When my tutor pointed me in the direction of the Royal Art Lodge I was apprehensive to say the least, I loved the style of the paintings, but on wood? Nah, not my thing at all, when it comes to me and wood it's never resulting in anything remotley near a good outcome. There was that time I got sawdust in my eye, the time I attempted to make any number of objects at school which just looked abysmal or the time I face planted a patio table and totally decimated it. So the odds were stacked against me, but I ploughed on through and produced these rather quaint wooden (yes, wooden!) tiles based on my likes and dislikes.

War (dislike) I decided to remove the army hat from the bear as I felt that this seemed to be a bit too strong and avert the focus from the actual picture. The crutches add a new dynamic to the image, which makes me wonder who the crutches actually belong to? What happened? The war seems to be a playground war, similar to the fights and arguments that happen during childhood.

Music (like) I got rid of the text that said 'Together We Can Make Sweet Music', it struck me as a little too cheesy. Two people holding hands symbolises the communion that music has the power to produce. Two people holding hands sounds like it would be a sweet and beautiful image - but the drawing shows a reluctant hand (fist clenched) and a 'female' hand that is missing a finger with nails that look like claws. The image conjures up lots of question and is open to interpretation , but the 'ugliness' of the scene holds a certain beauty that is just strange.

Consumerism (dislike) My idea was to have a boy pressed up against the glass of a shop, looking inwards. The 'stars' are actually stickers like the ones used to promote and advertise offers and sales. The boy looks totally absorbed in whatever he is looking at, but he could well be looking at us - the audience. The way I have illustrated the child reminds me of a puppet. As a viewer I'm intrigued to know what is on the other side of the window.

News (dislike) The news at present seems dominated with relationships, i.e. the Tiger Woods scandal, William and Kate's wedding, affair after affair etc. But what about relationships closer to home? After all they are news too. My idea was to focus on a paperboy, a woman and an anchorman. The anchorman brings the news to the woman and she loves him for it, but it's the paperboy who really loves the woman. I like how many meanings and scenarios can be derived from this one image. The minimal colour helps to absorb and capture the viewer's attention and place them on the outside looking in, with the lovesick paperboy.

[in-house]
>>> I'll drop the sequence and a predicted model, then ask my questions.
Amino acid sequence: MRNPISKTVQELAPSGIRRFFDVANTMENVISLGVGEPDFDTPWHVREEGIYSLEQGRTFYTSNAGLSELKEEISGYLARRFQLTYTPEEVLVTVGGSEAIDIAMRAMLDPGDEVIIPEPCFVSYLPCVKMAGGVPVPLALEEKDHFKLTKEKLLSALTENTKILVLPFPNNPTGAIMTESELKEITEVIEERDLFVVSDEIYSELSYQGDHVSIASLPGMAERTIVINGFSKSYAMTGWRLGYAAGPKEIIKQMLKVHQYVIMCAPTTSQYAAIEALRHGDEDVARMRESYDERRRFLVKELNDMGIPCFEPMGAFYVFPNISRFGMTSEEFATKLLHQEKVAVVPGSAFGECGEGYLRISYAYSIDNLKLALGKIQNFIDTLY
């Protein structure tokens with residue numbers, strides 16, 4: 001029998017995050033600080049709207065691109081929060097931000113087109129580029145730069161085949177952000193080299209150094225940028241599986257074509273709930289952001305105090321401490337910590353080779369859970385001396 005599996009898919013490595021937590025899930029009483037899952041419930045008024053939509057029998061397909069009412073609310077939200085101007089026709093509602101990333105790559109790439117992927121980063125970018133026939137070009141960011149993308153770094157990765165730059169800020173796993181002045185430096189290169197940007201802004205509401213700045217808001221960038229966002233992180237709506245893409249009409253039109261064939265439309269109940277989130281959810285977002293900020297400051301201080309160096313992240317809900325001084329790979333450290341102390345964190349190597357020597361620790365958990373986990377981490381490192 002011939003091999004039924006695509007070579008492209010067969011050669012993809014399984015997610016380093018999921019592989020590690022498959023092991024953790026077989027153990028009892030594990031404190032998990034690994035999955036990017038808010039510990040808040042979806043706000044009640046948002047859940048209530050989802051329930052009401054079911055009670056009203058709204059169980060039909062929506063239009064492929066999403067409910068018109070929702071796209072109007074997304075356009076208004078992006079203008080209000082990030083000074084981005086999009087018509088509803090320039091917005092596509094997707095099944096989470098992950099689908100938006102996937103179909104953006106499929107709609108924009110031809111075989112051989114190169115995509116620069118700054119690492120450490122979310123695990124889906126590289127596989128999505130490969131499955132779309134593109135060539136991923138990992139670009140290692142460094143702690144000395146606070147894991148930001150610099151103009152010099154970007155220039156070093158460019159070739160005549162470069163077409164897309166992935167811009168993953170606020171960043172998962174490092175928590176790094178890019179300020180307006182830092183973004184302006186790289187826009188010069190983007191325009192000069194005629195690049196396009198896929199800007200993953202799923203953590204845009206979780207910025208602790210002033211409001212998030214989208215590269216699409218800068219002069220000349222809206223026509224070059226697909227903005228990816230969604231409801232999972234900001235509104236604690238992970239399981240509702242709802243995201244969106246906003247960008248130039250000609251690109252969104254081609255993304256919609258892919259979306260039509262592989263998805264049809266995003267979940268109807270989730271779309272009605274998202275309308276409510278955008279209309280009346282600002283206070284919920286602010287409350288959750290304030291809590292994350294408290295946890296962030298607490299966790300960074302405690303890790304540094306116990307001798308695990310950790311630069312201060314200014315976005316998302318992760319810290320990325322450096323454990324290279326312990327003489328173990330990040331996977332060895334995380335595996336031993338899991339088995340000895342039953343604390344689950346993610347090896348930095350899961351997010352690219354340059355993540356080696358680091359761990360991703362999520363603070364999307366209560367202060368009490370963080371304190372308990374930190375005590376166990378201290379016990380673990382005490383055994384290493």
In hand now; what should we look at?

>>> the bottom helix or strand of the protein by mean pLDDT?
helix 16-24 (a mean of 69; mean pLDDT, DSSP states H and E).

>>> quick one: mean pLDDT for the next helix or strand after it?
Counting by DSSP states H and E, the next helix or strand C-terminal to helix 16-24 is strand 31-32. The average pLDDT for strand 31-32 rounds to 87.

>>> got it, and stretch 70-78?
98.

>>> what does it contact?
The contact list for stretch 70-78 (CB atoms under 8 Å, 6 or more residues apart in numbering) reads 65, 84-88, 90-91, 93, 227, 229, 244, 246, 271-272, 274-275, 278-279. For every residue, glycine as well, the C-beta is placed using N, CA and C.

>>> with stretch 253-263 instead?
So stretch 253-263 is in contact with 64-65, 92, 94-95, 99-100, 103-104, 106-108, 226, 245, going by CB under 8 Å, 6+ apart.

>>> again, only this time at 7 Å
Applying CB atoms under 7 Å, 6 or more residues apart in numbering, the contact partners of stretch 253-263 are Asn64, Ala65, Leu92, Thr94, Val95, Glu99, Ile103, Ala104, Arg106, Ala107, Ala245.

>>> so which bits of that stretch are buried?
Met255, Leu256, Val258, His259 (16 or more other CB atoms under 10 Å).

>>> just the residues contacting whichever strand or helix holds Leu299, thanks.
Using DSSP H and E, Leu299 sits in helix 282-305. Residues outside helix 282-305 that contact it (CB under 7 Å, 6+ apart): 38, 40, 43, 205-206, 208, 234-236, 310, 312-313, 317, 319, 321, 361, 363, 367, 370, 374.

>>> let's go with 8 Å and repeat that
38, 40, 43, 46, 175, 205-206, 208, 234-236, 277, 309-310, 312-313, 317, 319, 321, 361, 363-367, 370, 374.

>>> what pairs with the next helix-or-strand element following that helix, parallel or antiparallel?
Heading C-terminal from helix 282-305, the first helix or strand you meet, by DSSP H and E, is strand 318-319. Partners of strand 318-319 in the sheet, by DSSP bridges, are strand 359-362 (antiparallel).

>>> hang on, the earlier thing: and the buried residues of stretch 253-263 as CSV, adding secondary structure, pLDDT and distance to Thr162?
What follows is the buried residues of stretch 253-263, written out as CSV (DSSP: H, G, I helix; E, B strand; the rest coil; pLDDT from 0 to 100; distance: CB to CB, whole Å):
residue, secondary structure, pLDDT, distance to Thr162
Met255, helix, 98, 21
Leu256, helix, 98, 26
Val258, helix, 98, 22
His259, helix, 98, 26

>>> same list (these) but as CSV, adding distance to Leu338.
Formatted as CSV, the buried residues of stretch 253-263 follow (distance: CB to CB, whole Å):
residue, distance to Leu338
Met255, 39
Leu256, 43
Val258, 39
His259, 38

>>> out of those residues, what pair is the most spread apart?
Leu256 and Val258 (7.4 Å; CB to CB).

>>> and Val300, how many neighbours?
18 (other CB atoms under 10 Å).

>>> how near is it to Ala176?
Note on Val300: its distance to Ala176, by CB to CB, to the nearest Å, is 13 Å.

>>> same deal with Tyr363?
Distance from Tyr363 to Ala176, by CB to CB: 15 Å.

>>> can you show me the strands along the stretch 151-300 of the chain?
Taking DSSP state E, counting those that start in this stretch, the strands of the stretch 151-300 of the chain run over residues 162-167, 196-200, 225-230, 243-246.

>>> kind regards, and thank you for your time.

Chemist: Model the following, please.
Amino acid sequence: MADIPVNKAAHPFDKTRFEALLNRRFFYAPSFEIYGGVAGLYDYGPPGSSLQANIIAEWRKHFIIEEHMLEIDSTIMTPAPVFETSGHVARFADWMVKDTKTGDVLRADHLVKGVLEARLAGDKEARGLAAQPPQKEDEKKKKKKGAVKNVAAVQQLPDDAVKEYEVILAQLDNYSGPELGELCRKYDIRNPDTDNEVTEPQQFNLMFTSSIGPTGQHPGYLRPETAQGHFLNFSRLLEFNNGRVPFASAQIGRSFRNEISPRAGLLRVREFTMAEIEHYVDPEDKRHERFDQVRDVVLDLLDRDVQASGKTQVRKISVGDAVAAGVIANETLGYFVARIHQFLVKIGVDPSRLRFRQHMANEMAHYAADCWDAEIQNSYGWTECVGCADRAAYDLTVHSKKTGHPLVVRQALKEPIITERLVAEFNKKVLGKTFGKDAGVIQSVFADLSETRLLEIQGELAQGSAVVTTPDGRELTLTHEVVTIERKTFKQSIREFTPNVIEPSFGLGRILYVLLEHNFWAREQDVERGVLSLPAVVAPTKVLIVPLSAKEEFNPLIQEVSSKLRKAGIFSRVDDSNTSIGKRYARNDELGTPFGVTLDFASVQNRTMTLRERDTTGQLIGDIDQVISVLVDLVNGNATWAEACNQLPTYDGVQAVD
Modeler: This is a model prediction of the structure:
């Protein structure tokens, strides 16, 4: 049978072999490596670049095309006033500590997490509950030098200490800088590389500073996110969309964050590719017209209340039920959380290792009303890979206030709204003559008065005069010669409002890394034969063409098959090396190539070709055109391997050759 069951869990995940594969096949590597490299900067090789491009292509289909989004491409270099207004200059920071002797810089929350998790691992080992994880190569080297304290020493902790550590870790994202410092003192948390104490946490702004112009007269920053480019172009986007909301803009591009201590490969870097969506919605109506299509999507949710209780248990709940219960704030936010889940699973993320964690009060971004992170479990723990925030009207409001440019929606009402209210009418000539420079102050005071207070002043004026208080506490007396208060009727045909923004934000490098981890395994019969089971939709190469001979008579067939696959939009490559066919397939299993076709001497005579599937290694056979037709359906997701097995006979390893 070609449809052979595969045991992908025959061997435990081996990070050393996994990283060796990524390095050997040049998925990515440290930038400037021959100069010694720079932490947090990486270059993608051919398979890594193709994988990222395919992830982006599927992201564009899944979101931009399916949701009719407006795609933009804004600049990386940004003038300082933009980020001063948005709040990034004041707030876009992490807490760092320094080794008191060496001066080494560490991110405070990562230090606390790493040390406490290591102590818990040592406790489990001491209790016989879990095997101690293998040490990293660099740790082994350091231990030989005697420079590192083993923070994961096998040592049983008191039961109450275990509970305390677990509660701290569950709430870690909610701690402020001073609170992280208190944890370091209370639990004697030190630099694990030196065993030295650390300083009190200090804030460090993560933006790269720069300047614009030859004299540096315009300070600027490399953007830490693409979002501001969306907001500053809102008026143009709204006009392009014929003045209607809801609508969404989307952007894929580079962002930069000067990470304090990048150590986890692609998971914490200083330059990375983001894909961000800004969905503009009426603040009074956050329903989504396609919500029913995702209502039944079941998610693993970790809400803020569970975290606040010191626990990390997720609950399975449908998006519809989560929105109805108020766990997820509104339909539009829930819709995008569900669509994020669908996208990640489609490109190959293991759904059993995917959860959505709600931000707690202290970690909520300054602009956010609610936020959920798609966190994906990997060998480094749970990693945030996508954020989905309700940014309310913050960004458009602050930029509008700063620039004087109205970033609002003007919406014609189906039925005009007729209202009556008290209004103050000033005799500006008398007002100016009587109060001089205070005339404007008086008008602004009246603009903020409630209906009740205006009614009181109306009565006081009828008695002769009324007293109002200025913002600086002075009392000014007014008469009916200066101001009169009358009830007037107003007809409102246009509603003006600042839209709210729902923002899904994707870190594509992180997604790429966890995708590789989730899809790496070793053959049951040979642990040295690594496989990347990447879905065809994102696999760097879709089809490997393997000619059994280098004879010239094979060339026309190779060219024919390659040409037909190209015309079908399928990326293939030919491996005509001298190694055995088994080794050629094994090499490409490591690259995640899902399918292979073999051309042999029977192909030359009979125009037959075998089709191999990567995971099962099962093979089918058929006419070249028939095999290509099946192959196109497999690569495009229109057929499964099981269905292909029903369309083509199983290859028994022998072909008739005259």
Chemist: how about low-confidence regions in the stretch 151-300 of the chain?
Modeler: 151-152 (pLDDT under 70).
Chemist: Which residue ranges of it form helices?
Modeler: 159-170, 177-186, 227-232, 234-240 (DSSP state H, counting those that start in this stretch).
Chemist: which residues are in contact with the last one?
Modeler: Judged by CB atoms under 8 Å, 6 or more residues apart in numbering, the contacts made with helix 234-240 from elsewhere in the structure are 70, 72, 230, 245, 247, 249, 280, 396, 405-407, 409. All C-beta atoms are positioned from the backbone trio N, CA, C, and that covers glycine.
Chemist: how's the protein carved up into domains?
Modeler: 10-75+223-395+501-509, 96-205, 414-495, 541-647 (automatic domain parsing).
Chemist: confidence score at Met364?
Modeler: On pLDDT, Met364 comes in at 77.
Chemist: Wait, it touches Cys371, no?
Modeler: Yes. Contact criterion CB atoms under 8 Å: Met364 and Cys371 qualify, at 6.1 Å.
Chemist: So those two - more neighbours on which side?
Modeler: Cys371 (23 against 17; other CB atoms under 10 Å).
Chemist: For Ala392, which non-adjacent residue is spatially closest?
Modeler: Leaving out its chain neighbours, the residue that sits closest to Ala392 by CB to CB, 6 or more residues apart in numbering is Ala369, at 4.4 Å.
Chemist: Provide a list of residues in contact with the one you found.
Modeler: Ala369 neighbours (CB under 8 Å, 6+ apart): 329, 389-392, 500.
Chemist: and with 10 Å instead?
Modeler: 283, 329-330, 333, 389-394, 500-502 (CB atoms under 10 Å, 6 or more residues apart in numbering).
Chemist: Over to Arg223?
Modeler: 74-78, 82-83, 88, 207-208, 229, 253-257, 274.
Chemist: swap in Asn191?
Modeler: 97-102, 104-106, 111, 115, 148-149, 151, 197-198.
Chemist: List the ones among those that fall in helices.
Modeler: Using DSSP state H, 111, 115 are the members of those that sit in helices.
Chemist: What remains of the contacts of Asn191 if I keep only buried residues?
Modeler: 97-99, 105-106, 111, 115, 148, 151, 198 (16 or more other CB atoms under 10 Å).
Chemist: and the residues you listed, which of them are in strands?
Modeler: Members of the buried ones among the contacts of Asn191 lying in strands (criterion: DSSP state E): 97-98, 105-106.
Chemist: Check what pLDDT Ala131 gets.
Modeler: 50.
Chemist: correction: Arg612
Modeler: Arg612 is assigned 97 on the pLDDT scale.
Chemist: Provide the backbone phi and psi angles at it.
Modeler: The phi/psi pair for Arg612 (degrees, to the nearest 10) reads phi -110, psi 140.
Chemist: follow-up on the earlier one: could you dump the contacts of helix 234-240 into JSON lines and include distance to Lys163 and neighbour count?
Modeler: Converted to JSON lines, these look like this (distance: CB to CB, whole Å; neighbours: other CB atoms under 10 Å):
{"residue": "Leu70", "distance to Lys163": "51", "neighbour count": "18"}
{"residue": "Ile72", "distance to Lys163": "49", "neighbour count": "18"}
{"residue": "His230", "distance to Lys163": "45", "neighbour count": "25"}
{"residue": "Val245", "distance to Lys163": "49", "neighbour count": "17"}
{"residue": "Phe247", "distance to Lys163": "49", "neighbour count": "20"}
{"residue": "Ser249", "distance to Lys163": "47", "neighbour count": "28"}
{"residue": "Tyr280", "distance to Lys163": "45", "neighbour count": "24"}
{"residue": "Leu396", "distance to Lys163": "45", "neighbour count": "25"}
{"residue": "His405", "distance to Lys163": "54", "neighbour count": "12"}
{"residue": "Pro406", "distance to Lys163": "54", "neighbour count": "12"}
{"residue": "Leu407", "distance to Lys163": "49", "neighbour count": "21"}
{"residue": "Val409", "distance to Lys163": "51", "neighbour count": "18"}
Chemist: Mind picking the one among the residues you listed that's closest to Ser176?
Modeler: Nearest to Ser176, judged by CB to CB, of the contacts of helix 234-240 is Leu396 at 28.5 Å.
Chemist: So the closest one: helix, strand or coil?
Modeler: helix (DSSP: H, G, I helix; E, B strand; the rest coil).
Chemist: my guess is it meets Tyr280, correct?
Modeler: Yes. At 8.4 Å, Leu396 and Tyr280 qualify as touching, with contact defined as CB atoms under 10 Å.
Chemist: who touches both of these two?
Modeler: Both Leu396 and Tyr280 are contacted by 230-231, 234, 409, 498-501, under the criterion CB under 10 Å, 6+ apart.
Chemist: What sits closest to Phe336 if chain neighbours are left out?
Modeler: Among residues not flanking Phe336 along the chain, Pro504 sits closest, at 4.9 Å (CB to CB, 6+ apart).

Books (like) At first glance the girl looks to be counting, but after reading the text it becomes evident that she is reading. To me the act of reading is like praying on opened palms - moments of peace, calm and quiet to concentrate on words full of beauty. The text tells you one thing, but leads you away by suggesting another. The use of only three colours doesn't distract or overpower the audience. The image is simple and complicated at the same time.

Spiders (dislike) Everybody knows who Spiderman is, unless you've been cut off from the rest of the world for the past 50 years. I have used the idea of Spiderman and applied it to a man actually covered in spiders. The way I have drawn the man allows it to be interpreted as a man or a child. The very idea of somebody covered in spiders is my idea of hell. The style of the illustration is obscure, for instance - the spiders look like stars. So if the text was covered it would look as if the person was covered with stars.

Bedtime (like) Bedtime is a time to rest, dream and recuperate. Sleep is important, we need it in order to cope with everyday tasks - if we do not sleep, we cannot function properly. Sleeping positions are very revealing, they differ from person to person. I pondered the idea of a baby in the womb to mean bedtime. The fetal position is a very common sleeping position - perhaps in sleep we feel as we did inside the womb? The void in which the baby rests is peaceful, the black seems to sum up the vastness of the womb.

Mini Cheddars (dislike) Edward Gorey's style and approach has inspired me greatly, his works have mass appeal - they mix storytelling, beautiful visuals and dark humour in order to form unique and exquisite little masterpieces. Discovering Gorey's wonderful and bizarre world helped me to open up to the possibilities of introducing the strange and surreal to my work. This drawing/story/scene popped into my head and made me chuckle, as it is both absurd and unusual. The way I have approached illustrating the sentence is reminiscent of Gorey's sometimes unconventional pictures.